16 -50kV H 2 O in and out Refractory anode rotating at  6000rpm Rotating anode source: Same principle as sealed tube x-ray source, but with much higher power due to greater thermal capacity – cooling wafer, rotating, refractory metal. Electron impact: rotating anode source 16

17 Synchrotron radiation x-ray source: the choice for x-ray lithography 17 Shield Wall Storage Ring Synchrotron radiation (SR): Electromagnetic radiation (light) emitted from electrons moving with relativistic velocities. First observed in 1947 from a 70MeV electron accelerator at GE. In earlier times, it was just considered as waste product, limiting accelerator performance. However, other researchers soon realized that SR was the brightest source of infrared, ultraviolet, and x-rays, very useful for studying matter on the scale of atoms and molecules. Irradiation is highly polarized and pulsed (e.g. nanosecond pulse). Observer sees only a small portion of electron trajectory. The pulse length is thus the difference in time it takes an electron and a photon to cover this distance on the circle.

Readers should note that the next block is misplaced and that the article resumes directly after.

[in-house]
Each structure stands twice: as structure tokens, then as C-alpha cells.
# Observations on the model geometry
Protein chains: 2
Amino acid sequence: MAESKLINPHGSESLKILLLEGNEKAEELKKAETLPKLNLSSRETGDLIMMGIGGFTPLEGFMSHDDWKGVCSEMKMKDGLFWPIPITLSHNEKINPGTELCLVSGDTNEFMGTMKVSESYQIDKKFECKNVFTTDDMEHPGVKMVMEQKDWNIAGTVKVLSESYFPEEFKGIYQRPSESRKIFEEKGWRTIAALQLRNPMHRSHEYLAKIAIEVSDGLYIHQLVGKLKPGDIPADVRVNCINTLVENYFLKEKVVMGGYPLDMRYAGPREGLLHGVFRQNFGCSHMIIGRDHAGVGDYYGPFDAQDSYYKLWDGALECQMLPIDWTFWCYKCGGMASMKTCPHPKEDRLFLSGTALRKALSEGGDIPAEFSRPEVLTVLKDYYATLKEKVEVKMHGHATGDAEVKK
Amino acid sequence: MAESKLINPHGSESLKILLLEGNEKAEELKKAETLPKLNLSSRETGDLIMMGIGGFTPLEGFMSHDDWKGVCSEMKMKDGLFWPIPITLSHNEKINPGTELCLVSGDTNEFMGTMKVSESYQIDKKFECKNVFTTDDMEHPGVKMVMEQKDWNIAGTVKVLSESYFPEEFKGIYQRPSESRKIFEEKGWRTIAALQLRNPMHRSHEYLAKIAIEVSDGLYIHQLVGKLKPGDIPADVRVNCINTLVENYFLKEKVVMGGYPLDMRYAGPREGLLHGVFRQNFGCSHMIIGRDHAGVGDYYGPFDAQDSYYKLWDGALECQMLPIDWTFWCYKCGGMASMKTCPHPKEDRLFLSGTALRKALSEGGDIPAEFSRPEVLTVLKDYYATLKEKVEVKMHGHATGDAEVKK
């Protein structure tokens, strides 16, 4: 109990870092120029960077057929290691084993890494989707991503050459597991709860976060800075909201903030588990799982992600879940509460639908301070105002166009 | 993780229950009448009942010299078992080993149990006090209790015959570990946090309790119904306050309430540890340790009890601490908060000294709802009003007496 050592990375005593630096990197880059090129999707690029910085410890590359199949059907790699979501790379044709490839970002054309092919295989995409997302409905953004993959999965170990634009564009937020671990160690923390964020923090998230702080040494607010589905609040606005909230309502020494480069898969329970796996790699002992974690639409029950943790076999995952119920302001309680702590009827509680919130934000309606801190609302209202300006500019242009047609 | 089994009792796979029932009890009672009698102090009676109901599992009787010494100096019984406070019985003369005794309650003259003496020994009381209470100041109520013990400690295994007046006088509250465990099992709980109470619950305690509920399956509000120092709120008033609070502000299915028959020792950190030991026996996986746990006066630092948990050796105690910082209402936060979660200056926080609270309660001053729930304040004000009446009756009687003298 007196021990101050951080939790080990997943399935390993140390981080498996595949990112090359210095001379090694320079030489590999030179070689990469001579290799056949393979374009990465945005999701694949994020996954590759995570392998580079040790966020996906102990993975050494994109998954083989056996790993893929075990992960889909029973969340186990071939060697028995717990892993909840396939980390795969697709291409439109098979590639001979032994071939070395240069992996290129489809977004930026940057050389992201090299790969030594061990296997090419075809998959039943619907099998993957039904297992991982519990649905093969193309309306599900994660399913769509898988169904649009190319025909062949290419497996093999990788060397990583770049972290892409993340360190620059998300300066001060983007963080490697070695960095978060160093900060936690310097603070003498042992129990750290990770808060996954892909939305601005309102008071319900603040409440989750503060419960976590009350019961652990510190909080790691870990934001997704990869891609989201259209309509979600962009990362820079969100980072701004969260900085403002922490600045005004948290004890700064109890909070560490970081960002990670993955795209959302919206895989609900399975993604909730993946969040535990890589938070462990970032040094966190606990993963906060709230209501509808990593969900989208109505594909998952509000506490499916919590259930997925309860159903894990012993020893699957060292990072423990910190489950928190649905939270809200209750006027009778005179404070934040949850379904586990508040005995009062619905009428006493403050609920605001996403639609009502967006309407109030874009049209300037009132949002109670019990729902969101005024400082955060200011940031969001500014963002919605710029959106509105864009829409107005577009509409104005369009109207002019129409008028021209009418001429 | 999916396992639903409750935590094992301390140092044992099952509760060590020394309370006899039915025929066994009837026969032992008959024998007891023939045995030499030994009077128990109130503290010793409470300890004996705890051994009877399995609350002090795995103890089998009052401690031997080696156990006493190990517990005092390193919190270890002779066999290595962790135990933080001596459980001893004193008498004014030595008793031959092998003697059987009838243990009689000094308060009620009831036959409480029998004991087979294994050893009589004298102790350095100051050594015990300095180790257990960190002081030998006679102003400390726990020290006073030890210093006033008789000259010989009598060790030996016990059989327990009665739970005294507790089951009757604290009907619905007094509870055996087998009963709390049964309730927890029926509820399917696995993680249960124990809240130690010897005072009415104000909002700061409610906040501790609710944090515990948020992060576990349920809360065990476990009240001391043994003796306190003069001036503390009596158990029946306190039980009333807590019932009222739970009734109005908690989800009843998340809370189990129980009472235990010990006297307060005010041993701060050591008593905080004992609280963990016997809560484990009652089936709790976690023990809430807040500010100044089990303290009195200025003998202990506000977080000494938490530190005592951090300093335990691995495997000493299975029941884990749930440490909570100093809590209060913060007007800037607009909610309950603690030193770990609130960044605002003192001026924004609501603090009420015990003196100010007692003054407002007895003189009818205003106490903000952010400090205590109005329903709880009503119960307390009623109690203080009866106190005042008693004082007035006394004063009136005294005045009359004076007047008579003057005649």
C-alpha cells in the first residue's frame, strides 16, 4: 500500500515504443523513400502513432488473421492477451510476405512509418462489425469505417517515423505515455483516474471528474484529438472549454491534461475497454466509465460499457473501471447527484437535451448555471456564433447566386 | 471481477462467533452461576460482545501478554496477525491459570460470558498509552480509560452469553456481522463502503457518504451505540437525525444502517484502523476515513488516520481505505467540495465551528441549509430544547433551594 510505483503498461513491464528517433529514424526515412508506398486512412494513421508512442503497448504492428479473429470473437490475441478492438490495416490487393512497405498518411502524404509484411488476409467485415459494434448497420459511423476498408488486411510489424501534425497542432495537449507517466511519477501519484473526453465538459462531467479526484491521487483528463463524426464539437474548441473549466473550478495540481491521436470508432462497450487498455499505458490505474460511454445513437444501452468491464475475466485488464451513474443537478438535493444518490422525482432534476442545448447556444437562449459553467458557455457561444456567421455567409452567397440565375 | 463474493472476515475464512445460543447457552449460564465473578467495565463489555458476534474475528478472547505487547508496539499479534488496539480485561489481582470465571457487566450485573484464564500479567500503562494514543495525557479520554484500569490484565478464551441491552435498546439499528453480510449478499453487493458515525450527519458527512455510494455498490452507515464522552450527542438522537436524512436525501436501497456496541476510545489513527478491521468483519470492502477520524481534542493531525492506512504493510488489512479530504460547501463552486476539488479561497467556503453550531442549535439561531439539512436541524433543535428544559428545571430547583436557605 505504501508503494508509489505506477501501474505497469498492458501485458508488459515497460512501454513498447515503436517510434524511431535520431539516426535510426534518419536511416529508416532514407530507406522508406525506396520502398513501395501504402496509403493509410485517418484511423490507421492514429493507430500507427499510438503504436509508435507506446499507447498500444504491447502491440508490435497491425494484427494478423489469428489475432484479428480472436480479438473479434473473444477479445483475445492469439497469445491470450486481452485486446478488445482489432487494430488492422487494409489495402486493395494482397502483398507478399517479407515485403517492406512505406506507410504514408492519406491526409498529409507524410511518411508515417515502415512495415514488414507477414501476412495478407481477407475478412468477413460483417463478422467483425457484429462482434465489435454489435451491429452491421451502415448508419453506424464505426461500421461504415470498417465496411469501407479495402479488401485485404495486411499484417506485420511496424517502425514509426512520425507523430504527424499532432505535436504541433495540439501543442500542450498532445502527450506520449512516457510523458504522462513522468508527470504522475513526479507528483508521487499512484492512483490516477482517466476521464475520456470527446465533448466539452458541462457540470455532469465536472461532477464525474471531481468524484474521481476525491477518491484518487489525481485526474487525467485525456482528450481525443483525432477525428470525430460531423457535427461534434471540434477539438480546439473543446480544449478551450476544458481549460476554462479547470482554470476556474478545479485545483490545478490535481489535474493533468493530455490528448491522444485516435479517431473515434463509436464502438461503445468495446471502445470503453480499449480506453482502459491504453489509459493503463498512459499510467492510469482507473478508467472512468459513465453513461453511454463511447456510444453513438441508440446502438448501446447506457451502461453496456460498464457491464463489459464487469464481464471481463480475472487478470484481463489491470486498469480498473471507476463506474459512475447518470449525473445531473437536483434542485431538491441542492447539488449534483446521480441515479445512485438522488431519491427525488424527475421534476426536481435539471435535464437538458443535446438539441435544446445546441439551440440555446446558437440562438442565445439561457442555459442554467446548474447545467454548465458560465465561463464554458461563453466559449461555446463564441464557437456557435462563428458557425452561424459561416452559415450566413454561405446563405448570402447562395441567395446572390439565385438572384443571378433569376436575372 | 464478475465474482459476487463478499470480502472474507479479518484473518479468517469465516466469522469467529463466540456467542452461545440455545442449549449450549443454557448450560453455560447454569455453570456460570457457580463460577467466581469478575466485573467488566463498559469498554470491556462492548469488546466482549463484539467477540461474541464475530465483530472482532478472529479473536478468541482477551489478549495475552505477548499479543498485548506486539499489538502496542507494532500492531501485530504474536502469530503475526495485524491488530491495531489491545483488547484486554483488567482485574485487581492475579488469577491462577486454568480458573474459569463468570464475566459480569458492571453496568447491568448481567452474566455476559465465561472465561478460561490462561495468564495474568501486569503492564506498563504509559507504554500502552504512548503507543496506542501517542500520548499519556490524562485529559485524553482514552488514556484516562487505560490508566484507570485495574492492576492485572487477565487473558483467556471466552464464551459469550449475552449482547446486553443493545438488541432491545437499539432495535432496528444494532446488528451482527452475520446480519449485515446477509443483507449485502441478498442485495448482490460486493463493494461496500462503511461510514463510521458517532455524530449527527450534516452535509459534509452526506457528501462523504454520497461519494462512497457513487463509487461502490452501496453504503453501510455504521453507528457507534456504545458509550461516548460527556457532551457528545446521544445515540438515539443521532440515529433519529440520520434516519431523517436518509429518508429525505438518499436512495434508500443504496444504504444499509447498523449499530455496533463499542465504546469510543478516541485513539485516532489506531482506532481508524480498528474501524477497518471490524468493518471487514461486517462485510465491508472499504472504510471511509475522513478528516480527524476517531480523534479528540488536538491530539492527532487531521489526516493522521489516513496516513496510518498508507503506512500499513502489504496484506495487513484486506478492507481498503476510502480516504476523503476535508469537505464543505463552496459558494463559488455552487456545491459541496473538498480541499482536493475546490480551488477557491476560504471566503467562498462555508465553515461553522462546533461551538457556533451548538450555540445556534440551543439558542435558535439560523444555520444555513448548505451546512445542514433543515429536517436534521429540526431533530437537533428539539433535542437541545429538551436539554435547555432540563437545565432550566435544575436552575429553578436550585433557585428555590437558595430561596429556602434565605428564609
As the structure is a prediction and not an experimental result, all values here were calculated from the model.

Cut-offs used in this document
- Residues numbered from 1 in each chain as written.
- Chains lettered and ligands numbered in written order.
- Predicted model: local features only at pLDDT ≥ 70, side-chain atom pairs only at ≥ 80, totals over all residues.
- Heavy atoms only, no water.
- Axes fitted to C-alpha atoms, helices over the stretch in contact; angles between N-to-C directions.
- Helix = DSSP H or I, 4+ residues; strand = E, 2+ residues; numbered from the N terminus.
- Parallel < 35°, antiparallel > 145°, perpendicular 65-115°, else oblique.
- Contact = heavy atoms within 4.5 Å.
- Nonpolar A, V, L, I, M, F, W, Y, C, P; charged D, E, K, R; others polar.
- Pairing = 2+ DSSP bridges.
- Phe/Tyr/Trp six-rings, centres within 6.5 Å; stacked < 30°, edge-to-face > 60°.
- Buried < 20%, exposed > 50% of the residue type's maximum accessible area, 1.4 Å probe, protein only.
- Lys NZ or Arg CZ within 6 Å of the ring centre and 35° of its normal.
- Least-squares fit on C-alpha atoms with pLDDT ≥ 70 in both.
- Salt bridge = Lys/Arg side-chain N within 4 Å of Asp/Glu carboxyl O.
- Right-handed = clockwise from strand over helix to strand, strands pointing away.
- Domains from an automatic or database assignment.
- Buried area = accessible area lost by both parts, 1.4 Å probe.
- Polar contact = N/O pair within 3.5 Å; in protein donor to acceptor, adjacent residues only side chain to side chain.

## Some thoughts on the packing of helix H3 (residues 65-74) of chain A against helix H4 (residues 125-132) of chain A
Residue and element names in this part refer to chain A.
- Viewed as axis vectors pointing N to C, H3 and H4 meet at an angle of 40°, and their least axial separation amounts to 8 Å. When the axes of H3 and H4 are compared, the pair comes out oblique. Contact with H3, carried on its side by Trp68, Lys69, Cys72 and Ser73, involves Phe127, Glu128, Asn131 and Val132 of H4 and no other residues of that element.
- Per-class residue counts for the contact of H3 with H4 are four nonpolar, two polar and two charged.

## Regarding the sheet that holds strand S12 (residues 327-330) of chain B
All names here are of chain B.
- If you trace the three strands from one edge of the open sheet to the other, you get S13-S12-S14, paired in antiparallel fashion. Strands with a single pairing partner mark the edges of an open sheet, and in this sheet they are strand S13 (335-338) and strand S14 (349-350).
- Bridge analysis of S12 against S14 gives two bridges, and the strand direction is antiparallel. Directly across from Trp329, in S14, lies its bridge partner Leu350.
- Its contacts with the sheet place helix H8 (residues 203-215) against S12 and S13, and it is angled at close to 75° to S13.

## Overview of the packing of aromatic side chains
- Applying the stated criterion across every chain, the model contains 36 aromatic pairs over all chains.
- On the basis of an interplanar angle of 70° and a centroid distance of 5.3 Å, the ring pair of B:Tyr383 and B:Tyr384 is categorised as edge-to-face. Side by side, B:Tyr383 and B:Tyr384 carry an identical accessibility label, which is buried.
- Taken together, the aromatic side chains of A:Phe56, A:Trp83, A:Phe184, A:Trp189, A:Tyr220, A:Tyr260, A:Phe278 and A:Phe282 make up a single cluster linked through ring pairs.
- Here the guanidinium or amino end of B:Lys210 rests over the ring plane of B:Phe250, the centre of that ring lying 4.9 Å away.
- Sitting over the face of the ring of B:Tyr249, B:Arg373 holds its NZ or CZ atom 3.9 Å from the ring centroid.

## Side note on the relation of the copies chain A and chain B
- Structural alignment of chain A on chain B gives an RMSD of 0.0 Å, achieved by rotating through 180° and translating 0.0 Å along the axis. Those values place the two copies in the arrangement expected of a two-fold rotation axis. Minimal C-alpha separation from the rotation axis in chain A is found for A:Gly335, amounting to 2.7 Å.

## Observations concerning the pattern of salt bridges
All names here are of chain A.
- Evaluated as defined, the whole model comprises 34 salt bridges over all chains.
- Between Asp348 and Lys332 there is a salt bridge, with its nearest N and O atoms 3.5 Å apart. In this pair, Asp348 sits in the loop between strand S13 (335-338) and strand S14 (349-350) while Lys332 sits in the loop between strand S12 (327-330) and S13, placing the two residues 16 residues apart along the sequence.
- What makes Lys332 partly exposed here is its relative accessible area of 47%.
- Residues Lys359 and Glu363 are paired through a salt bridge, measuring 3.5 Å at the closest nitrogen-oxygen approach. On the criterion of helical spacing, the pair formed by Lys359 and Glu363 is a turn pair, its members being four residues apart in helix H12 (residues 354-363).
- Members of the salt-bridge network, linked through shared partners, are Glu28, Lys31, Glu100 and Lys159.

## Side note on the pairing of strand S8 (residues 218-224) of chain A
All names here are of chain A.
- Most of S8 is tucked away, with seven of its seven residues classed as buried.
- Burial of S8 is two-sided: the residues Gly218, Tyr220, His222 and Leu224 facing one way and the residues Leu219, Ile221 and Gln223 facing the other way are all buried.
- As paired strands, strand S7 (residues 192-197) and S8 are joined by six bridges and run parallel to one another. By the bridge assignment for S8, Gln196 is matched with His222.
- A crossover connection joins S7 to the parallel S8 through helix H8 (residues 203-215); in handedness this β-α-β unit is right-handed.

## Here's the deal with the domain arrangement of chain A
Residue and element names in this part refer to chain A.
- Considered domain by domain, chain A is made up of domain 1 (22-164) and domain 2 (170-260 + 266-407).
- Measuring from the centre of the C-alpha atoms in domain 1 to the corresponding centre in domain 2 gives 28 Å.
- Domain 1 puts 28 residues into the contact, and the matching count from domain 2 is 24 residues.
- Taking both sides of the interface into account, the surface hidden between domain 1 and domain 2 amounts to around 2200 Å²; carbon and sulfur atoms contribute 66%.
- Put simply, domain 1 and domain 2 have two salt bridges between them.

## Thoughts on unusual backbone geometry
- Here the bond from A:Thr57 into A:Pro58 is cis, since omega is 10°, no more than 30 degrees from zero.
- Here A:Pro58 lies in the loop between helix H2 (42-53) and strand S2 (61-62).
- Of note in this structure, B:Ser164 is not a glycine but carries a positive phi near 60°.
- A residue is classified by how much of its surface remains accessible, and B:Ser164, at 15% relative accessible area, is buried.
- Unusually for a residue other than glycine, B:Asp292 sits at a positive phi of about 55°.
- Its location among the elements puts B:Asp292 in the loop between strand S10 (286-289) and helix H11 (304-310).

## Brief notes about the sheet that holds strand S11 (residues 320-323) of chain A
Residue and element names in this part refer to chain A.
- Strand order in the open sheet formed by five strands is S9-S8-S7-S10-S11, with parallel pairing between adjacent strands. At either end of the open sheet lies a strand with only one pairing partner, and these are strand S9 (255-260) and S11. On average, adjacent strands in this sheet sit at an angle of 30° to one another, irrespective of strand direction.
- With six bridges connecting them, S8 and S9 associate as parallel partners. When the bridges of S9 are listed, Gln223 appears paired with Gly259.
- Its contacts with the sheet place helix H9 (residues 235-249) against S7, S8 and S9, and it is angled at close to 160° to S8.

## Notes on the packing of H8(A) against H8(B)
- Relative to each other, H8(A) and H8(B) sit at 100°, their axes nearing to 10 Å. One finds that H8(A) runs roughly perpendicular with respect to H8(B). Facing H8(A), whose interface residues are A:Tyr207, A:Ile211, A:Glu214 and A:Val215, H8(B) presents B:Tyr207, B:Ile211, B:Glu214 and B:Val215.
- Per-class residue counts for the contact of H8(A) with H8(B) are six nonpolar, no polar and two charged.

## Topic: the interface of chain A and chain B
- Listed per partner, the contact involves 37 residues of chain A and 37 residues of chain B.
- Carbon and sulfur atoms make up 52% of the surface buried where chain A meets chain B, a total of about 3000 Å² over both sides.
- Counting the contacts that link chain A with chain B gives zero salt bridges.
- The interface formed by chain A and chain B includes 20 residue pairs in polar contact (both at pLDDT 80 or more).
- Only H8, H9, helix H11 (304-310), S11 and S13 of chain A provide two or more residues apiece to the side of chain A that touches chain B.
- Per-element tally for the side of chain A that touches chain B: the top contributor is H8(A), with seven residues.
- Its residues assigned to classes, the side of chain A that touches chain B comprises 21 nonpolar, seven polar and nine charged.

18 18

19 How synchrotron radiation works? Typically a low-energy accelerator injects “bunches” of electrons into a storage ring; the charged particle are in pico-second pulses spaced nanoseconds apart. Acceleration is produced by an alternating (RF – radio frequency) electric field that is in synchronism with orbital frequency. A broad continuum of radiation is emitted by each bunch when it changes direction, with the median (or “critical”) wavelength given by Bending magnet: For normal-conductive B  1.5 Tesla. “C” shaped allowing radiation to exit Straight line Bend and emit when passing a magnet Accelerated here 19